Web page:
Example:

P = {P1, P2}

R = {R1, R2}

CLAIM EDGE CONVERT TO REQUEST EDGE CONVERT TO ASSIGNMENT EDGE
P1 -> R1 YES YES
P2 -> R2 YES YES
P1 -> R2 NO ( Make a cycle) NO
P2 -> R1 YES NO (P1 using R1)

R1 R1 R1

R2 R2

Banker’s Algorithm

The algorithm works like a bank hence the name. Any new process must declare the maximum number of instance of each resource type that it need. It must not exceed the total resource.

Before allocating the system must make sure that after allocation it is not leaving the system in unsafe state.

The data structures used in bankers algorithm where n is number of process and m is the number of resource types is as follows,

  1. Available – number of available resource of each type of length m. Available[j] = k means k instance of resource Rj.
  2. Max – It is n x m matrix for maximum number instance of resources required by the process. Max[i][j] = k means Pi process requires k instance of resource Rj.
  3. Allocation – it is also n x m matrix for number of resources of each type allocated to each process. Allocation [i] [j] = k means process Pi is allocated k instances of resources of Rj.
  4. Need – it is n x m matrix that remaining need for each process. Need[i] [k] = k means that the process Pi need k instance of resource type Rj to finish it’s tasks.

Need[i] [j] = Max[i] [j] – Allocation[i] [j]

Banker’s Algorithm Procedure

If X and Y are two vectors, then X

Conversely, Y

Allocation (i) means resource currently allocated to process Pi and need (i) means additional resource required by process Pi.

Safety Algorithm

  1. Let Work and Finish be two vectors of length m and n respectively. Initialize Work = Available and Finish[i] = false for I = 0, 1, 2, . . . , n-1.
  2. Find an index ‘i’ such that
  3. Finish[i] = false
  4. Need(i)

If no such ‘i’ exists then go to step 4.

  1. Work = Work + Allocation (i)

Finish[i] = true

Go to step 2

  1. If Finish[i] = true for all i then the system is in safe state.

Order of the above algorithm is O (mn2).

Resource-Request Algorithm

This algorithm determines whether the request can be safely granted.

Request (i) is a request vector for process Pi. If Request (i) [j] = k, then process Pi wants k instance of resource R[j]. When a request for resource is made, following action take place

  1. If Request (i) ≤ Need (i), go to step 2, otherwise raise error because process has exceeded its maximum claim.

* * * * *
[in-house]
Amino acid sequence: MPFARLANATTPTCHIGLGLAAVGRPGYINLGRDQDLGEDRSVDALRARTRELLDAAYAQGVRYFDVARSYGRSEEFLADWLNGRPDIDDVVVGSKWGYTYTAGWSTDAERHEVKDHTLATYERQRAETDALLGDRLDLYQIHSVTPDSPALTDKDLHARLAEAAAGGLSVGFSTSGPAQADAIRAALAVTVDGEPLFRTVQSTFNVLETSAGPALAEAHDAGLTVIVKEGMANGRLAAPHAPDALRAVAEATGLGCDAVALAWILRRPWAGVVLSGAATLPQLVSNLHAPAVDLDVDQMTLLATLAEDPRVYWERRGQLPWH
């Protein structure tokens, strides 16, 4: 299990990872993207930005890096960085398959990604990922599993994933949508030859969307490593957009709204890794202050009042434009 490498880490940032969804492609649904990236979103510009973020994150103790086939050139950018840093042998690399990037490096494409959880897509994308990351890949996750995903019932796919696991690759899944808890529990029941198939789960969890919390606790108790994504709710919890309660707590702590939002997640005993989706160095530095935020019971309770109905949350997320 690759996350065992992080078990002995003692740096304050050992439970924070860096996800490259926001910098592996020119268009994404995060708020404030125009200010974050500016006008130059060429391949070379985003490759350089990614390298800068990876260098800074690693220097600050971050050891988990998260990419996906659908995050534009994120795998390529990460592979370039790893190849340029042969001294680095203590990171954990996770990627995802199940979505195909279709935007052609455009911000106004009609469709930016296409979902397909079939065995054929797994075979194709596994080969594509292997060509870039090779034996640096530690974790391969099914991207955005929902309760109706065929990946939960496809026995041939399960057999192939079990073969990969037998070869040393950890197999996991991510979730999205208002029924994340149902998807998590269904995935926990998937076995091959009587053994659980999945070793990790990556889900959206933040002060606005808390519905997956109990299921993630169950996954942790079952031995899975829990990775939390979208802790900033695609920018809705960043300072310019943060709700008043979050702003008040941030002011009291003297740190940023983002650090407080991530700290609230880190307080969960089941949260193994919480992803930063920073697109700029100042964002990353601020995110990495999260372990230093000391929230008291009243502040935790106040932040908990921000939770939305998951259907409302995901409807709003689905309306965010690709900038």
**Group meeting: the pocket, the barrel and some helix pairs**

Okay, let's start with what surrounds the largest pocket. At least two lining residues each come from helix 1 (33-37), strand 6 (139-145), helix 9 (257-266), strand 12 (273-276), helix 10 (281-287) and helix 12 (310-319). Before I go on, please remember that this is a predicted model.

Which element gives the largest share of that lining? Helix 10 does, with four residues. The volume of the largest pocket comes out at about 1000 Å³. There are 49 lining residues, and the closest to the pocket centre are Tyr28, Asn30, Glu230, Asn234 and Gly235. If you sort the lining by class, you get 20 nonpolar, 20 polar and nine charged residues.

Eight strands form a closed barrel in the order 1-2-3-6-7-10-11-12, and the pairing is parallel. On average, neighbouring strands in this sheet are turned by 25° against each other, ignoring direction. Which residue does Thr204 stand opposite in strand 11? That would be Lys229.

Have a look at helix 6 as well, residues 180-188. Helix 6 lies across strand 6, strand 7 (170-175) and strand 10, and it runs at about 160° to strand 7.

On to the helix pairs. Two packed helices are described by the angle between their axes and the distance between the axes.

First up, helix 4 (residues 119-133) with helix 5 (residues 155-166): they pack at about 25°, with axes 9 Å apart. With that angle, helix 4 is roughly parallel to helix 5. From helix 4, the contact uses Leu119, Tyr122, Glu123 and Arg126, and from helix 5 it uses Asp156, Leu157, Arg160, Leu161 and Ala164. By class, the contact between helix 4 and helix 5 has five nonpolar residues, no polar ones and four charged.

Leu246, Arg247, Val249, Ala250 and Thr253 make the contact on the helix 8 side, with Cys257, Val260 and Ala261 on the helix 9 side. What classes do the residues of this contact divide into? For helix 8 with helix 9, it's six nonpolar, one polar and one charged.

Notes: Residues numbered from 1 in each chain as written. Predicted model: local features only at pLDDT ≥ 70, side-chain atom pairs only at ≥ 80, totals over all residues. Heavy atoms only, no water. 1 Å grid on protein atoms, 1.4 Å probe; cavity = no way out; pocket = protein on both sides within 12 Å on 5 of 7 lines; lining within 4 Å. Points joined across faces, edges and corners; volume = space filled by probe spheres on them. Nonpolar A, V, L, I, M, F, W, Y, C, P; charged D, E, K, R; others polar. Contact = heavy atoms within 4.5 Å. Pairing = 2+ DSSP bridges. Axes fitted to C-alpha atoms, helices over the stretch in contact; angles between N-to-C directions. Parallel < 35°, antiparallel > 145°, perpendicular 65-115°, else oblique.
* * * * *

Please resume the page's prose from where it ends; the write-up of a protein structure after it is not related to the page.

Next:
2. If Request (i) ≤ Available, go to step 3. Otherwise Pi must wait, since the resources are not available.
  3. Let system pretend that it has allocated the resources to Pi as follows

Available = Available – Request (i)

Allocation (i) = Allocation (i) + Request (i)

Need (i) = Need (i) – Request (i)

If the resulting resource-allocation state is in safe state, the transaction is completed and process Pi gets the resource. If not then Pi must wait and old resource-allocation state is restored.

Example:

P = {P0, P1, P2, P3, P4}

R = {A, B, C}

Instances of Resources

A = 10, B = 5, C = 7

At t0 time following snapshot of system is captured.

Allocation Maximum Available
A B C A B C A B C
P0 0 1 0 7 5 3 7 5 5
P1 2 0 0 3 2 2 5 3 2
P2 3 0 2 9 0 2 10 5 7
P3 2 1 1 2 2 2 7 4 3
P4 0 0 2 4 3 3 7 4 5

We know that Need (i) = Max (i) – Allocation (i)

NEED Matrix
A B C
P0 7 4 3
P1 1 2 2
P2 6 0 0
P3 0 1 1
P4 4 3 1

Check if the System is in Safe State

Iteration 1

Step 1: Need (i)

Need (0) > Available => (7, 4, 3) > (3, 3, 2)

Need (1) (1, 2, 2)

Step 2: Work = Work + Allocation (i)

Work = (3, 3, 2) + (2, 0, 0) = (5, 3, 2)

Step 3: Add P1 to Safety Sequence

Safety sequence = {P1}

Iteration 2

Step 1: Need (i)

Need (2) > Available => (6, 0, 0) > (5, 3, 2)

Need (3) (0, 1, 1)

Step 2: Work = Work + Allocation (i)

Work = (5, 3, 2) + (2, 1, 1) = (7, 4, 3)

Step 3: Add P1 to Safety Sequence

Safety sequence = {P1, P3}

Iteration 3

Step 1: Need (i)

Need (4) (4, 3, 1)

Step 2: Work = Work + Allocation (i)

Work = (7, 4, 3) + (0, 0, 2) = (7, 4, 5)

Step 3: Add P1 to Safety Sequence

Safety sequence = {P1, P3, P4}

Iteration 4

Step 1: Need (i)

Need (0) (7, 4, 3)

Step 2: Work = Work + Allocation (i)

Work = (7, 4, 5) + (0, 1, 0) = (7, 5, 5)

Step 3: Add P1 to Safety Sequence

Safety sequence = {P1, P3, P4, P0}

Iteration 4

Step 1: Need (i)

Need (2) (6, 0, 0)

Step 2: Work = Work + Allocation (i)

Work = (7, 5, 5) + (3, 0, 2) = (10, 5, 7)

Step 3: Add P1 to Safety Sequence

Safety sequence = {P1, P3, P4, P0, P2}

Handling a Request

Suppose process P1 requested resource (1, 0, 2) which is less than the available resources (3, 3, 2).

Request (i) (1, 0, 2)

The system will pretend that the resource is allocated successfully, but will run the Safety Algorithm demonstrated above and verify if whether allocation to Pi will leave the system in UNSAFE state.

Example:

Suppose P0 requested for (0, 2, 0), then we find that Request (0) . Adjust the following

Available= Available – Request;;

Allocation; =Allocation +Request;;

Need; =Need- Request;

Allocation Maximum Available
A B C A B C A B C
P0 0 3 0 7 5 3 3,7 1,5 2,5
P1 2 0 0 3 2 2 5 1 2
P2 3 0 2 9 0 2
P3 2 1 1 2 2 2 7 2 3
P4 0 0 2 4 3 3 7 2 5

We then run the Safety Algorithm

NEED Matrix
A B C
P0 7 2 3
P1 1 2 2
P2 6 0 0
P3 0 1 1
P4 4 3 1

Iteration 2

Step 1: Need (i)

Need (2) > Available => (6, 0, 0) > (5, 1, 2)

Need (3) (0, 1, 1)

Step 2: Work = Work + Allocation (i)

Work = (5, 1, 2) + (2, 1, 1) = (7, 2, 3)

Step 3: Add P1 to Safety Sequence

Safety sequence = {P1, P3}

Iteration 1

Step 1: Need (i)

Need (0) > Available => (7, 2, 3) > (3, 1, 2)

Need (1) (1, 2, 2)

Step 2: Work = Work + Allocation (i)

Work = (3, 1, 2) + (2, 0, 0) = (5, 1, 2)

Step 3: Add P1 to Safety Sequence

Safety sequence = {P1}

Iteration 3

Step 1: Need (i)

Need (4) > Available => (4, 3, 1)

Step 2: Work = Work + Allocation (i)

Step 3: Add P1 to Safety Sequence

Safety sequence = {P1, P3, P4 = not safe}

The post Operating Systems – Deadlock Prevention with Banker’s Algorithm appeared first on NotesForMSc.



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Operating Systems – Deadlock Prevention with Banker’s Algorithm